Mailbag: Where have all the honeybees gone?

December 02, 2010

Where have all the honeybees gone?

Honeybees have been mysteriously disappearing across the planet, vanishing from their hives and the cause is still being debated by scientists.

Did you know that a bee can pollinate 100,000 flowers a day, but who is counting? Thanks to bees and the wind, our crops get pollinated and we have food to eat. One out of 3 bites of your food depends on the work of bees. Their liquid gold is the nectar of the gods and flower pollen is a food for bees and people.


Bees are a sensitive indicator of environmental quality and they are giving us a warning and telling us we are not honoring the body of the Earth. A signal has been going out from bee keepers all over the world about the pesticides that are now being used on many crops that science is discovering is causing Colony Collapse Disorder (CCD). The young are fed pollen from systemic pesticides (long lasting and persistent synthetic). The young die and the bees leave these toxic fields. Good health and the environment are at risk. We need to limit these conditions that are making bees abandon their hives. The beekeeping industry is responsible for producing our apples, broccoli, watermelon, onions, cherries and a hundred other fruits and vegetables, but the beekeepers are losing so many of their hives to CCD that they are finding it harder to stay in business.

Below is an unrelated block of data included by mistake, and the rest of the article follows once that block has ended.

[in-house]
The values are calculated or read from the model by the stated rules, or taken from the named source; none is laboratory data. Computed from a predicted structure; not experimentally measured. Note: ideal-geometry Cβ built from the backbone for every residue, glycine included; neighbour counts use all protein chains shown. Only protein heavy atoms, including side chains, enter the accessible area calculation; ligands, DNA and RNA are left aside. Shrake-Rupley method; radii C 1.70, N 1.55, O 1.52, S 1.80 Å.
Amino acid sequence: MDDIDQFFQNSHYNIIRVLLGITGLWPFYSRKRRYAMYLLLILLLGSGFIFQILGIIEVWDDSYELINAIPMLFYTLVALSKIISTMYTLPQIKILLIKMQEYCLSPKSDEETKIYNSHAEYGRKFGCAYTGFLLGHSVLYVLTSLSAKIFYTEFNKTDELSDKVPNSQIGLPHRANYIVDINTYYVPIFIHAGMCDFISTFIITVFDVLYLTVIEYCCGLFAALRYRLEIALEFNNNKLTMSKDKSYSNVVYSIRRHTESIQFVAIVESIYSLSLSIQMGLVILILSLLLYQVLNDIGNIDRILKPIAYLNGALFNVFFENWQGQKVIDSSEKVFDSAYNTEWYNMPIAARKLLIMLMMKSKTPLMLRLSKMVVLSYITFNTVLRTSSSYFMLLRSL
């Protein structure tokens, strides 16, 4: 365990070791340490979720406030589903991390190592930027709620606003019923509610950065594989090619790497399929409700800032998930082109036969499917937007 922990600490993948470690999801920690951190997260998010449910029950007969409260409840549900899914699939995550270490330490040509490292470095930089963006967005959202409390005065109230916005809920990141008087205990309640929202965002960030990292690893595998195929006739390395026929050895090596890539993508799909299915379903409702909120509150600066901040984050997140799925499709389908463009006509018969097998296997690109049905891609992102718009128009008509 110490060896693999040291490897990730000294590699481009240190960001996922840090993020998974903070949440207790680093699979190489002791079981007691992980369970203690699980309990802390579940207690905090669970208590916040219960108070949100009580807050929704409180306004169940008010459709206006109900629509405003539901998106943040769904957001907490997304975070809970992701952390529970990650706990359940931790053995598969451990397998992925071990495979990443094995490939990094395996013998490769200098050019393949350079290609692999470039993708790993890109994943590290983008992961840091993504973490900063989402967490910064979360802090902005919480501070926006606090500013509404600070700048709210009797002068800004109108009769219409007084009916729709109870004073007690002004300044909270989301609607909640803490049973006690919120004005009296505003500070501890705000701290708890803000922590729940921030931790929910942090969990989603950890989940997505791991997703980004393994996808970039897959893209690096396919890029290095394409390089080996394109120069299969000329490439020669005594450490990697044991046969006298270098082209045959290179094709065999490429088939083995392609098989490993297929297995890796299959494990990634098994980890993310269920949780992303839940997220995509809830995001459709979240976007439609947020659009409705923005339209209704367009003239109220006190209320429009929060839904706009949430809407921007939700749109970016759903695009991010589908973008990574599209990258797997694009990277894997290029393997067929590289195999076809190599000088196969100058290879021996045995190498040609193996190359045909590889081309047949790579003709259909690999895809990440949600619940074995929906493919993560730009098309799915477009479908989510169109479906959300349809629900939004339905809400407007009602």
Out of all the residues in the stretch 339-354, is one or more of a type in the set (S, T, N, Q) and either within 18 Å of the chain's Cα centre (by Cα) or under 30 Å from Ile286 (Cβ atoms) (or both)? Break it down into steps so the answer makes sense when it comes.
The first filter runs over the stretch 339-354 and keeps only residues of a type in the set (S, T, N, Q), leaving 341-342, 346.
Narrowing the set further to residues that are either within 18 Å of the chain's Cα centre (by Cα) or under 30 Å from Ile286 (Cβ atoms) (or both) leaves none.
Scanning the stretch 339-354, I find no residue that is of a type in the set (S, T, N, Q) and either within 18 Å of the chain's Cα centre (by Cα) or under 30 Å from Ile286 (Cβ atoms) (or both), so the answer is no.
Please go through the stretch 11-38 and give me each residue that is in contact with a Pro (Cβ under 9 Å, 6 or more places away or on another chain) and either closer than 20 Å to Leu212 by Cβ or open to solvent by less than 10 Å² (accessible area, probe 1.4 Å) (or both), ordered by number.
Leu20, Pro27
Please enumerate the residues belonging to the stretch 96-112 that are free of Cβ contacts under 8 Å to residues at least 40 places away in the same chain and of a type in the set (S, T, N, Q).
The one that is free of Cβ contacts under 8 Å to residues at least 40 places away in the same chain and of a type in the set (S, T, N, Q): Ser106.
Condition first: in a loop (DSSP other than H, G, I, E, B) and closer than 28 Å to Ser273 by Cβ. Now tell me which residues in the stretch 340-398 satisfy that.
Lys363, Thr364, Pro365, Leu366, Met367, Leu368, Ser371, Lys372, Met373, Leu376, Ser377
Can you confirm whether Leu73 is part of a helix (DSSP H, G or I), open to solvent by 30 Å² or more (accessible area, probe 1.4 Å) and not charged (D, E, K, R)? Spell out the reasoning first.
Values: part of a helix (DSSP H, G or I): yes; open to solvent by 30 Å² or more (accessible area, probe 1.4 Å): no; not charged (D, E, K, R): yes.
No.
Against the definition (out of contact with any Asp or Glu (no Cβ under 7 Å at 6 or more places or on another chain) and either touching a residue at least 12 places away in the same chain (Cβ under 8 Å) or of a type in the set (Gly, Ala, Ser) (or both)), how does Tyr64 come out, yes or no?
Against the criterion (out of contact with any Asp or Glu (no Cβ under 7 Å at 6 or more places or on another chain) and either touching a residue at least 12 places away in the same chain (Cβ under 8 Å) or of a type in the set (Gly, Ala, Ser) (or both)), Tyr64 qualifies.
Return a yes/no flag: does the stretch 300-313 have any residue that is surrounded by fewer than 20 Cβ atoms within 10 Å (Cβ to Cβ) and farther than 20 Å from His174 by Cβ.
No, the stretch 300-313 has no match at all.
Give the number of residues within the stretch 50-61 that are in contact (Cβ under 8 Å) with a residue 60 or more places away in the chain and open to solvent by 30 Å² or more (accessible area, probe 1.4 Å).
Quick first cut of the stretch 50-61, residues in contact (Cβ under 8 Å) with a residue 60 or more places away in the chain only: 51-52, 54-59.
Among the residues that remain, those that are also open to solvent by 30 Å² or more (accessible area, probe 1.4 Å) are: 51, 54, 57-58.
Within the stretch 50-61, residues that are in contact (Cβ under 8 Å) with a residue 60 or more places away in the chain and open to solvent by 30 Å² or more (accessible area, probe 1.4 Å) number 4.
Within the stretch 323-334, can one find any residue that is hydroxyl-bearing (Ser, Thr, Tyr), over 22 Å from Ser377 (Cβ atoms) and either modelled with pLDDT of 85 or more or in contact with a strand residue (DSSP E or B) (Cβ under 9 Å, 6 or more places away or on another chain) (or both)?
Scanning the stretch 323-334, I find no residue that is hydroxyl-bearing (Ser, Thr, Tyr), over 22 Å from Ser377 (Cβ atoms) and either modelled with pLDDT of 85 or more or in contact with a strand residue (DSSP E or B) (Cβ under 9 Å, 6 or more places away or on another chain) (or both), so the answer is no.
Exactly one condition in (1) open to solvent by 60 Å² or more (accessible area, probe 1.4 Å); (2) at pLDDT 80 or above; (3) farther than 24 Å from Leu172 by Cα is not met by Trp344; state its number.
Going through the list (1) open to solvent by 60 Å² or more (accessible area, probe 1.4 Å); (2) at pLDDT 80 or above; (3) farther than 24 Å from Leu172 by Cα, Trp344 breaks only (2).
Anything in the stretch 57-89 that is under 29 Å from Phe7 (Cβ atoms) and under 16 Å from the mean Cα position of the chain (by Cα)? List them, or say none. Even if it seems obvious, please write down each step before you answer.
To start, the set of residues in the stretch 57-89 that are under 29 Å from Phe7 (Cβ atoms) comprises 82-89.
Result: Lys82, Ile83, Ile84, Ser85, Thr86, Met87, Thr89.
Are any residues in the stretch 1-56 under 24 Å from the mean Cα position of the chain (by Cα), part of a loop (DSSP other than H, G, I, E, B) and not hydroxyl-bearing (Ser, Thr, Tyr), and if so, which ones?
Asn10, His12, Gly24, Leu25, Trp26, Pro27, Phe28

A precautionary principle is advised by Transition Laguna Beach, a local organization of citizens committed to educating the community. They will be hosting a documentary screening of "Vanishing of the Bees" at the Regency South Coast Cinema's in downtown Laguna Beach. Filming across the US, in Europe, Australia and Asia, this documentary examines the alarming disappearance of honeybees and the greater meaning it holds about the relationship between mother earth, mankind and our food supply. As scientists puzzle over the cause, organic beekeepers indicate alternative reasons for this tragic loss. Conflicting opinions abound, and after years of research, a definitive answer has not been found to this harrowing mystery. The movie is 7 p.m. Thursday. Tickets are $12 and include Q-and-A with producers, snacks, and live music.

Justin Gresh

Laguna Beach

Editor's Note: Justin Gresh is a member of Transition Laguna Beach.

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